Clinical Pastoral Education (CPE) is professional education for ministry.  It brings theological students and ministers into supervised encounters with persons in crisis.  Out of an intense involvement with persons in need, and the feedback from peers and supervisors, students develop new awareness of themselves as persons and of the needs of those to whom they minister.  From theological reflection on specific human situations, they gain a new understanding of ministry.  Within the interdisciplinary team process of helping persons, they develop skills in interpersonal and inter-professional relationships.


The objective of the Clinical Pastoral Education is to help the pastoral care minister grow into so sensitive a person as to be able to lovingly and effectively respond to the needs of his/her fellowmen.  Thus, with better-prepared clergyman/woman, a more integrated approach is achieved in caring for the whole person, that is his spiritual as well as his physical, emotional, social and psychological needs.


Sometime in 1925, Anton Boisen was himself a patient in a hospital in Boston, U.S.A.  In one of his loneliest moments he needed someone to whom to address his needs; there was no one who could give him time.  He realized that health is an inner harmony of the many vitalities, which is not attained by medical materials alone, but also demands the combined efforts of spiritual and psychological instruments, such as, the Sacraments, prayer, scripture, guidance and counseling.  It is in the “wholistic” approach of healing the sick person that medical science, religious faith and other allied disciplines join forces and share their vast knowledge and resources to form the “Healing Team”.  Here many specialists work together in constant cooperation for the health and wholeness of the patient.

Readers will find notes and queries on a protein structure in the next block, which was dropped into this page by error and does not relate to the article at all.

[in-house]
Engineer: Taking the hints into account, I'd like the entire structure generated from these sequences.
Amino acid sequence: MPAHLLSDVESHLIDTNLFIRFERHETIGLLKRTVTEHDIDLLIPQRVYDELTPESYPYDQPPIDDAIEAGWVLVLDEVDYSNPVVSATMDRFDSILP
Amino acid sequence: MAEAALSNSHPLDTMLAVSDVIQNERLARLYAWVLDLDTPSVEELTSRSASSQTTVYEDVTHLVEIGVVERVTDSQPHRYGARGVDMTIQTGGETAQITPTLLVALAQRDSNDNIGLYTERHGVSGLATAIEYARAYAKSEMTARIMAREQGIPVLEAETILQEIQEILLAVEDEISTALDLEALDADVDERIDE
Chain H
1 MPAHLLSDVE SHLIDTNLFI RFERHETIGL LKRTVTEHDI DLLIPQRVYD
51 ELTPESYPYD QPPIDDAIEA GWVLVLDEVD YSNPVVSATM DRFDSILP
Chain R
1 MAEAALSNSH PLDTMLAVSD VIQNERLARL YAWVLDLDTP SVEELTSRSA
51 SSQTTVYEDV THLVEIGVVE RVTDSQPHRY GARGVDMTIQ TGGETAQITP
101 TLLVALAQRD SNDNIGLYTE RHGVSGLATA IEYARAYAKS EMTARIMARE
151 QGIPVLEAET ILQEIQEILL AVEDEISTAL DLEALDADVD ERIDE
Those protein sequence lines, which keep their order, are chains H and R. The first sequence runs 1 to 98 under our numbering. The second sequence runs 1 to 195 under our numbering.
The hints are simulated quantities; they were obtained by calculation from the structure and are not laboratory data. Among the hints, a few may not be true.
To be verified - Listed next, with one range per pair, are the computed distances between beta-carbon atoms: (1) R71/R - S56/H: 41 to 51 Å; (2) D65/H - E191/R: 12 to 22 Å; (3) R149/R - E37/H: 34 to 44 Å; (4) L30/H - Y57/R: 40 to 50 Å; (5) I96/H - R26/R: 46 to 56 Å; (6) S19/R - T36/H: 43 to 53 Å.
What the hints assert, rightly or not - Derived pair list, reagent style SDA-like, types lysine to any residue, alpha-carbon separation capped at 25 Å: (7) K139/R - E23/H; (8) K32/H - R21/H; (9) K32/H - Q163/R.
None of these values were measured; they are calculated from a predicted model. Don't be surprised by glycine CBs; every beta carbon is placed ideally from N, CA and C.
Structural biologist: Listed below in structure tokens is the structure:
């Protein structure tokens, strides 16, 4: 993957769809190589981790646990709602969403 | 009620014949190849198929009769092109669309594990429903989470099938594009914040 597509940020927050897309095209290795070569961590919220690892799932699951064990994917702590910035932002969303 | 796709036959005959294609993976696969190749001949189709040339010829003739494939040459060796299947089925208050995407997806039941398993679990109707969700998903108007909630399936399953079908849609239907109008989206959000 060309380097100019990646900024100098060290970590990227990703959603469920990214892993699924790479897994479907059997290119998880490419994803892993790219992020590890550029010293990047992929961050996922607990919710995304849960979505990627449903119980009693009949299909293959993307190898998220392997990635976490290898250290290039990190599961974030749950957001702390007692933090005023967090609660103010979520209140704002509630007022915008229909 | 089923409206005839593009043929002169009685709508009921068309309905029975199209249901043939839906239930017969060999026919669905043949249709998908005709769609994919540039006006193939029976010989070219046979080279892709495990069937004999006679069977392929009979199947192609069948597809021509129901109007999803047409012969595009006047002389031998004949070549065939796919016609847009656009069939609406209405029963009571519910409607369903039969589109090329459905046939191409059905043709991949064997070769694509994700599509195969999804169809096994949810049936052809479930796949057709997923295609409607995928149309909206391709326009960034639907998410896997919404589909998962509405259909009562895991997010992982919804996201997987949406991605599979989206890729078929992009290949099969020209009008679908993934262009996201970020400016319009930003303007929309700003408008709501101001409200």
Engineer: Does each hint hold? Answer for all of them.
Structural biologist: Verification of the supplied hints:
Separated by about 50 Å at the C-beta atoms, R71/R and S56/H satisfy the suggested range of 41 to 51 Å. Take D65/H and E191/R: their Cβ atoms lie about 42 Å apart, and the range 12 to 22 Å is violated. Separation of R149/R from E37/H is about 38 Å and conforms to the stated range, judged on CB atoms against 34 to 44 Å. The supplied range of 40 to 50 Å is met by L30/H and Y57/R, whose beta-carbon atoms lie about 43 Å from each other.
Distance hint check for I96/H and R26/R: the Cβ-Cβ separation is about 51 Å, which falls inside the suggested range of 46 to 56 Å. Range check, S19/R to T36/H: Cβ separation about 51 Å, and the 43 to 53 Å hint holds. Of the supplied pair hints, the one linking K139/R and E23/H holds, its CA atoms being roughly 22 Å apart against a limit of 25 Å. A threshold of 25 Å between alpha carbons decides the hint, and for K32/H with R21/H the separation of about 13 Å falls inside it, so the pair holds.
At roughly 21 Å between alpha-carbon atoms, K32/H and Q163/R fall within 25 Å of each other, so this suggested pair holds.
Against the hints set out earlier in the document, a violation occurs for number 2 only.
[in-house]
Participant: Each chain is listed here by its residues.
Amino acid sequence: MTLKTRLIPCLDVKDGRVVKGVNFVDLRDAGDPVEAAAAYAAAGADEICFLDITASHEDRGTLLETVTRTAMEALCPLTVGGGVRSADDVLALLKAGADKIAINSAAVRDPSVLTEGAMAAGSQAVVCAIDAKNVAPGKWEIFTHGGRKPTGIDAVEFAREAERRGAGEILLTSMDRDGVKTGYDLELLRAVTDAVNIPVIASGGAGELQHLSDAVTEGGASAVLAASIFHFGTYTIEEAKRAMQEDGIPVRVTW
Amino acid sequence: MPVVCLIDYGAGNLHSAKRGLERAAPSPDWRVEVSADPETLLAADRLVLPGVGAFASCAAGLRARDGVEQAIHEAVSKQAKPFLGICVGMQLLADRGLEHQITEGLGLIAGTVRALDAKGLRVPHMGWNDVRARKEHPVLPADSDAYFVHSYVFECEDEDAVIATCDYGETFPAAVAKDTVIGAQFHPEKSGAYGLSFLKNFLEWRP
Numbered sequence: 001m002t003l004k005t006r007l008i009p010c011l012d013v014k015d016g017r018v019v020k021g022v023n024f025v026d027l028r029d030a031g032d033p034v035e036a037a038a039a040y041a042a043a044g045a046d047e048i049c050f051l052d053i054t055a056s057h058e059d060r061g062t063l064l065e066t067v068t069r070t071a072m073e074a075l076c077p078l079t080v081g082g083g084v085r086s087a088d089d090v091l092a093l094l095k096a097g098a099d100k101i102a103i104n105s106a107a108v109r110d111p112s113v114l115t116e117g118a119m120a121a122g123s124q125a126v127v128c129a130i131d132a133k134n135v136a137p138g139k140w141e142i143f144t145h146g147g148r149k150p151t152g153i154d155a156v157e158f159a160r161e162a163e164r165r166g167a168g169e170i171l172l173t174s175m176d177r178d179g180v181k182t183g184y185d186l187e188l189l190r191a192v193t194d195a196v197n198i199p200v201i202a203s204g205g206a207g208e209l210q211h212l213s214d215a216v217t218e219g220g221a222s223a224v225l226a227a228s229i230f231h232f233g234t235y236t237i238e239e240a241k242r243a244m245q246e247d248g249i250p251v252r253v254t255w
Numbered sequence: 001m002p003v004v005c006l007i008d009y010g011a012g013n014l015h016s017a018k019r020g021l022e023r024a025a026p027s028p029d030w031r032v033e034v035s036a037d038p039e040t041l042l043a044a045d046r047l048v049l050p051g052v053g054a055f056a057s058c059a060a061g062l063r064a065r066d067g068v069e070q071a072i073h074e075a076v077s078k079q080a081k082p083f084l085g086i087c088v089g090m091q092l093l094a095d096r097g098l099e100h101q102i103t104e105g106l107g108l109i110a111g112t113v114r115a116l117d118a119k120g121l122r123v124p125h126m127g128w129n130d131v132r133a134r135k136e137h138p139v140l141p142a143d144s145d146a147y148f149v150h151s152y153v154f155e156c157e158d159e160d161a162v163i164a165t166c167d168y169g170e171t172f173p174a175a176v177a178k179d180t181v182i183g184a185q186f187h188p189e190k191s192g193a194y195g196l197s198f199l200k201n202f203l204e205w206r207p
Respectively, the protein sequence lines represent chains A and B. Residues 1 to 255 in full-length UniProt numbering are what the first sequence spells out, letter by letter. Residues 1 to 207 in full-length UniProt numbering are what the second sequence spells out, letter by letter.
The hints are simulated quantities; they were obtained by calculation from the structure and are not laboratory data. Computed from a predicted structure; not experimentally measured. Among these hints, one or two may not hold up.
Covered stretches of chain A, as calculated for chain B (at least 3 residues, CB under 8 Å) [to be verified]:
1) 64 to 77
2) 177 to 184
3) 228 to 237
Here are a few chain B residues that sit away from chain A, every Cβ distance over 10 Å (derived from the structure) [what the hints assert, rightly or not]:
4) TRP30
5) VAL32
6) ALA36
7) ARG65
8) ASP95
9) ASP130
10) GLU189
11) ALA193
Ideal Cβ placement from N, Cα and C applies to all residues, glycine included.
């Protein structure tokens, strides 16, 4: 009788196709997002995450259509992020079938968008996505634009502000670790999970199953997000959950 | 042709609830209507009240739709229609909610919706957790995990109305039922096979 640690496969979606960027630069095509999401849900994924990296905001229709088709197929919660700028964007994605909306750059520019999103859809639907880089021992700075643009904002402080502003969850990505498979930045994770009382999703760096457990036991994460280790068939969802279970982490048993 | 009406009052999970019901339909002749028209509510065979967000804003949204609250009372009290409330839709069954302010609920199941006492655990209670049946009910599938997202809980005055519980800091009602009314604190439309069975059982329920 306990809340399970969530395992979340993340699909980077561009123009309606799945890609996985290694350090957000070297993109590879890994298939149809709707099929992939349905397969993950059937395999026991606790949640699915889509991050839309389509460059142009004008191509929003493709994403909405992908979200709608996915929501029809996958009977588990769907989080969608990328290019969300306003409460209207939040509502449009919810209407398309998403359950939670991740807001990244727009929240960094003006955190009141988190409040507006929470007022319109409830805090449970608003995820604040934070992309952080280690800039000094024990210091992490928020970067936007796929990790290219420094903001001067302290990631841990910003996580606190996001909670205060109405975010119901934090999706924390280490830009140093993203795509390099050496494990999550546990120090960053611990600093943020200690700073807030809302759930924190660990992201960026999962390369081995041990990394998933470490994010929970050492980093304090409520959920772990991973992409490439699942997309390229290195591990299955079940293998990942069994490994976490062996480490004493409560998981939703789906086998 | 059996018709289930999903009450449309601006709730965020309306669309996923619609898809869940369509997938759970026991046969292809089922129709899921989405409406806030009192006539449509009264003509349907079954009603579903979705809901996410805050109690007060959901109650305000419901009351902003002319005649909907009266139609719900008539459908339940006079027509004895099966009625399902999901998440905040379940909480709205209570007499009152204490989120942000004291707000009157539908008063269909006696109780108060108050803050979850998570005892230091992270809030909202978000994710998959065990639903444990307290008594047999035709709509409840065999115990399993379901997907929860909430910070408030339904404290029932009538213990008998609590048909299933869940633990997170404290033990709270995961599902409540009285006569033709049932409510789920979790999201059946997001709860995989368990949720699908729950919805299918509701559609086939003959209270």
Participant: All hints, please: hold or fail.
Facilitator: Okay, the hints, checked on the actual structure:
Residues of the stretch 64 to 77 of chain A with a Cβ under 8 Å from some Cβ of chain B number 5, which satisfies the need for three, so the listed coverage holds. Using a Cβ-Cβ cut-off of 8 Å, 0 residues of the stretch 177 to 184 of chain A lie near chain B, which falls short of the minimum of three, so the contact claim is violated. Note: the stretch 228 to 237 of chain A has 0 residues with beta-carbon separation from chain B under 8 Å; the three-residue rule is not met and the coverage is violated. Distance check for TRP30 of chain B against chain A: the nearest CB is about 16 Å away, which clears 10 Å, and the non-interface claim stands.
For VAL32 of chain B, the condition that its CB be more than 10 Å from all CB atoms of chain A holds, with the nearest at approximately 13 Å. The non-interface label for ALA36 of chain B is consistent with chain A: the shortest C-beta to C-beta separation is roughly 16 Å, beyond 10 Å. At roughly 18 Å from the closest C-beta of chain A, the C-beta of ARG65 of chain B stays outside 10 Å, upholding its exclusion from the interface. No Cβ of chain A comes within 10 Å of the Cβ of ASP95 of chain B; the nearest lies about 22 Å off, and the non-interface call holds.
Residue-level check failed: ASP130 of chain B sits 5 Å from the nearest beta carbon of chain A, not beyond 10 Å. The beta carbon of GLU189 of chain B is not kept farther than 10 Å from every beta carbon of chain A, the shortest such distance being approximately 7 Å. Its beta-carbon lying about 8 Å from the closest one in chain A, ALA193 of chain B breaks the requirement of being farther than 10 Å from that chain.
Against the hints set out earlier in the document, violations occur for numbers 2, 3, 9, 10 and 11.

Through the efforts, therefore, of Rev. Boisen and other interested people, a program was begun in June 1925.  This program served a two-fold purpose:  better care for the patient, the supervised training for the clergyman/woman.  This evolved into what we now call Clinical Pastoral Education.  Although in the beginning it was usually based in a hospital, the training itself prepared the person for any apostolate he eventually found himself in, since the main thrust of the program was toward competent pastoral care.

CPE in the Philippines

In the Philippines, CPE started as a missionary venture of the Episcopalian Church.  Rev. J. Albert Dalton set up the first CPE program on June 7, 1965, at St. Luke’s Hospital with five students.  In September of the same year, Rev. Cirilo del Carmen started an experimental internship in Pastoral Care for Parish Clergy.  It was held three times a week.  A few months after CPE was launched at St.Luke’s Hospital, the hospital was accredited as a CPE center.  In summer of 1966, the first 12-week CPE program started with 12 students held at St. Luke’s Hospital and Quezon Institute.

Rev. Narciso Dumalagan was among the students to join the first CPE program supervised by Rev. Dalton.  He continued his supervisory training in the United States.  When Rev.Dumalagan was certified as full supervisor, he returned to Manila and continued the CPE program started at St. Luke’s Hospital.  One of his students was Sr. Janet Bielmann, who started the program at Makati Madical Center in 1971.  Other venues followed. (Click to see the current active centers.)

The PASTORAL CARE FOUNDATION, INC. is the organization that monitors and supervises the CPE program implemented in the different centers.  Its monitoring arm is the CERTIFICATION AND ACCREDITATION BOARD that certifies qualified CPE supervisors and CPE centers.




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